The married ones simply cannot abide the notion that a masculine man could be married to a high-value woman that he does not have to manipulate (i.e. “game”). Unhappy in their own marriages (often for legitimate reasons), they seethe with resentment at the notion that other men have what they most deeply desire. Ergo they avoid most mainstream social interaction, preferring instead the company of other likeminded men (and a few women), whom they spend much of their free time soclalising with on Militant Red Pill blogs. It is a subculture that has many of the benchmarks of a cult, and it needs to be viewed this way in order to be understood.

I recommend all women become fluent in Militant Red Pill. Militant Red Pill has arisen in response to legitimate social problems. It is Feminism for Men and eventually it will go more mainstream, just as Feminism did. As I have posted elsewhere, there is a lot to learn from the Militant Red Pill about male attraction triggers. Furthermore, understanding their philosophy, techniques, and tactics will enable you to protect yourself from these men should you encounter one IRL.

This explains the “red pill” reference one of my reviewers made, which I thought referred only to The Matrix. There’s another story on the movement here, at Business Insider. Now I don’t think any of these comments are completely fair to the red pillers, but that is what their movement looks like from the outside.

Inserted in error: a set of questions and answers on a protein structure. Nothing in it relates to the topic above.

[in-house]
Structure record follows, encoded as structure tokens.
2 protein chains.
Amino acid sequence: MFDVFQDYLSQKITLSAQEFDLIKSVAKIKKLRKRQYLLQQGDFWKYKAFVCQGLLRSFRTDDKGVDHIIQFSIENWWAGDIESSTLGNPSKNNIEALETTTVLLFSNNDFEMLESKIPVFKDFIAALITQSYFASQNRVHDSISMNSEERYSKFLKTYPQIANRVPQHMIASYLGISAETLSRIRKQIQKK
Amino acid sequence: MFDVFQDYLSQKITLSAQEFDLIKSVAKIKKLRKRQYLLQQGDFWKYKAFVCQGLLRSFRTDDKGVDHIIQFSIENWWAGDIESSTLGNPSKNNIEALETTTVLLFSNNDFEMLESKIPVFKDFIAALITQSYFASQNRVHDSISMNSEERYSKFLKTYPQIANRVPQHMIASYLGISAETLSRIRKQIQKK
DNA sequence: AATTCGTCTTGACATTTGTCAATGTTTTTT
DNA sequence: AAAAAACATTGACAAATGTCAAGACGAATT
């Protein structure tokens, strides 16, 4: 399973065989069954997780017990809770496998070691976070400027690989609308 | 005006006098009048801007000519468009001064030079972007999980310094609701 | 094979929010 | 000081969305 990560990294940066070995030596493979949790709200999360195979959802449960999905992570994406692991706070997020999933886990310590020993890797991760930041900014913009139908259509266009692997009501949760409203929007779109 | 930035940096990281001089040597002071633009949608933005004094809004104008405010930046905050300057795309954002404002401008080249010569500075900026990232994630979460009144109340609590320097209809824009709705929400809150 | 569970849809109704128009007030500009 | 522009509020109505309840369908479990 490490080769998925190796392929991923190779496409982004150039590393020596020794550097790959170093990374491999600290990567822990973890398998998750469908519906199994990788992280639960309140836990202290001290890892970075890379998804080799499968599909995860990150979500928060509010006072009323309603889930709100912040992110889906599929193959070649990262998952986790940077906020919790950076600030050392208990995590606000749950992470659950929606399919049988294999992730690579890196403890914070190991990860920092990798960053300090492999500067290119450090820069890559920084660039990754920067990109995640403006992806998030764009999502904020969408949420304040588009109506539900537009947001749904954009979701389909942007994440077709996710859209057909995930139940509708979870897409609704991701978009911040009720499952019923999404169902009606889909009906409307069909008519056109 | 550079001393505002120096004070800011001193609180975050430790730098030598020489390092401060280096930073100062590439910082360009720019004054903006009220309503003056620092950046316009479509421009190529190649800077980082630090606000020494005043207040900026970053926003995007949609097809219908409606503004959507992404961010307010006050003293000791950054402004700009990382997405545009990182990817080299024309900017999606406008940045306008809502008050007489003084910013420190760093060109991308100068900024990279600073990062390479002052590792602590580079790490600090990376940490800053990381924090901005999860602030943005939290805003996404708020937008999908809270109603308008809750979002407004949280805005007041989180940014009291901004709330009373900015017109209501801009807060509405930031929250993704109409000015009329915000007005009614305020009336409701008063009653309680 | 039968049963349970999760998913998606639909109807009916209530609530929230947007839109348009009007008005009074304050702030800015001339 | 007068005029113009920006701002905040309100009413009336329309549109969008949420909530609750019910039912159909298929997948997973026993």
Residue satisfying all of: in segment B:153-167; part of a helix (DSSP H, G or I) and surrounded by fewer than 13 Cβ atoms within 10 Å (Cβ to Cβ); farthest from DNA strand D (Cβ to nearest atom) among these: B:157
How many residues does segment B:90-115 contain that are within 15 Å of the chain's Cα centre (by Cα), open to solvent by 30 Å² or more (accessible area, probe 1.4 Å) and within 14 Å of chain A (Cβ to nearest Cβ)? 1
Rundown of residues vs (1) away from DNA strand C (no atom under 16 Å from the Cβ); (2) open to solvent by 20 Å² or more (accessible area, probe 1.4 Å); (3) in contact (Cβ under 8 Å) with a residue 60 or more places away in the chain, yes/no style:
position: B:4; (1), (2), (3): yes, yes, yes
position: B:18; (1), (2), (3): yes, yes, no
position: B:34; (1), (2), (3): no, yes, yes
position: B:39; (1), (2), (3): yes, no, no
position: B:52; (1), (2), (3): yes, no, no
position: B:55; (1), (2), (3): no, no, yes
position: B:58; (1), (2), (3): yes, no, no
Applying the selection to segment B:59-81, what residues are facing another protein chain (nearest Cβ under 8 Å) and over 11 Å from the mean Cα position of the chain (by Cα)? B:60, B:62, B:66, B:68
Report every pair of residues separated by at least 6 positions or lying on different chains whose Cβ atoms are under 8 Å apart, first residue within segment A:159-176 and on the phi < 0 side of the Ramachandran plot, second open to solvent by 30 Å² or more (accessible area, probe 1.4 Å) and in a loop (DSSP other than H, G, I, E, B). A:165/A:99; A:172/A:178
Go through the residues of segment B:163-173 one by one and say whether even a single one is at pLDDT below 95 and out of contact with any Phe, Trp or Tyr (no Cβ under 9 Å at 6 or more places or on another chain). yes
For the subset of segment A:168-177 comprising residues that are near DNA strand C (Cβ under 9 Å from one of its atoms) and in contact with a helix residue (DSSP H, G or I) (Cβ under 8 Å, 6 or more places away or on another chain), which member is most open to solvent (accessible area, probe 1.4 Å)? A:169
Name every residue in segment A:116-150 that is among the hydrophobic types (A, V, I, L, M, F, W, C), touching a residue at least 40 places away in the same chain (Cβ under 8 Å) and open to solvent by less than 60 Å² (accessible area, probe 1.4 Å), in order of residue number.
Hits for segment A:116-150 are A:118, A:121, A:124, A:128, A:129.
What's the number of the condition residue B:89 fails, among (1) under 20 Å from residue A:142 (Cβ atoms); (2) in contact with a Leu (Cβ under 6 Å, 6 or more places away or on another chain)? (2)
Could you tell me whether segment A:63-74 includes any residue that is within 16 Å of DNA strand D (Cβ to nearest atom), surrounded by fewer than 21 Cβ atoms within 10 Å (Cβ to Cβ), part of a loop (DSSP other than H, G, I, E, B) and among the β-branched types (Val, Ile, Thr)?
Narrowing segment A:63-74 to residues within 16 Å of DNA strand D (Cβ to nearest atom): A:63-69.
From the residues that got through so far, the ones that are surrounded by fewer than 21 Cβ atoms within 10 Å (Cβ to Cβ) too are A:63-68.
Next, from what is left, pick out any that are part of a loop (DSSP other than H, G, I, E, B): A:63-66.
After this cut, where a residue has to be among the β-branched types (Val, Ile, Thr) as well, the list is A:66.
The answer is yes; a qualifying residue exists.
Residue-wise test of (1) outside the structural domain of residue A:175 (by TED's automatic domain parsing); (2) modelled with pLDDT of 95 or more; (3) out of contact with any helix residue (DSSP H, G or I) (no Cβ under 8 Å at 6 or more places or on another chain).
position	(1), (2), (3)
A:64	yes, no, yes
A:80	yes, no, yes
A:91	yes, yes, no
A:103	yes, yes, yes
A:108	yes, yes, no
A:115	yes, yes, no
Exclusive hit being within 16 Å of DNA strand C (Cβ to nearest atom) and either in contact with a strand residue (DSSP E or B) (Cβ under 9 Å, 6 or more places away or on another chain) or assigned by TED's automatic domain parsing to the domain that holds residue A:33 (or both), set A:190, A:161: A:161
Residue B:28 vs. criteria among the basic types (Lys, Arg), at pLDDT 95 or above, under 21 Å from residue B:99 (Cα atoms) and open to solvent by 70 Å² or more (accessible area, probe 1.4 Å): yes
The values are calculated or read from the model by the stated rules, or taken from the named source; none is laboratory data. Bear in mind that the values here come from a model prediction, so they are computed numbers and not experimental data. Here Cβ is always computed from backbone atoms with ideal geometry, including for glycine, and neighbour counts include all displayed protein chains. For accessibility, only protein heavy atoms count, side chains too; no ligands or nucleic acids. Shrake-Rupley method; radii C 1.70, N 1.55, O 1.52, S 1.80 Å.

The bitter divorced fathers we have all encountered have similarly organized, and they overlap. The entire online men’s grievance movement is called the Manosphere, a shorthand term for the interconnected web sites where these guys hang out. The trouble with dismissing them as reactionary anti-feminists is that they do make some valid points and ask some good questions. As a not-directly-affected observer I can see that, so I’m trying to engage and understand what they are saying — because I suspect angry tribes of men and women talking past each other are just harming us all and not resolving any of the serious problems of fatherless children, crumbling middle-class families, and aimless young people kept out of stable career-path jobs by economic stagnation and corporatist government regulation. In a time when women are the majority of college students and increasingly dominate important institutions, we still have an unwillingness to confront a reality that young men are now stunted and damaged by control-based public schools who try to force everyone into a college-bound straitjacket. We need to strive for a diverse society where all skills and roles are valued — women who want to stay home with their kids are doing a great service, and so are men who do the same thing. Parents who want the best education for their children and are prevented from escaping bad public schools are being damaged. The politicians who want to force equality of outcome on the sexes are just increasing the sense of grievance to get votes and retain power; meanwhile, the economy slows as people are blocked from pursuing their best opportunities and have their subsidies taken away if their income increases.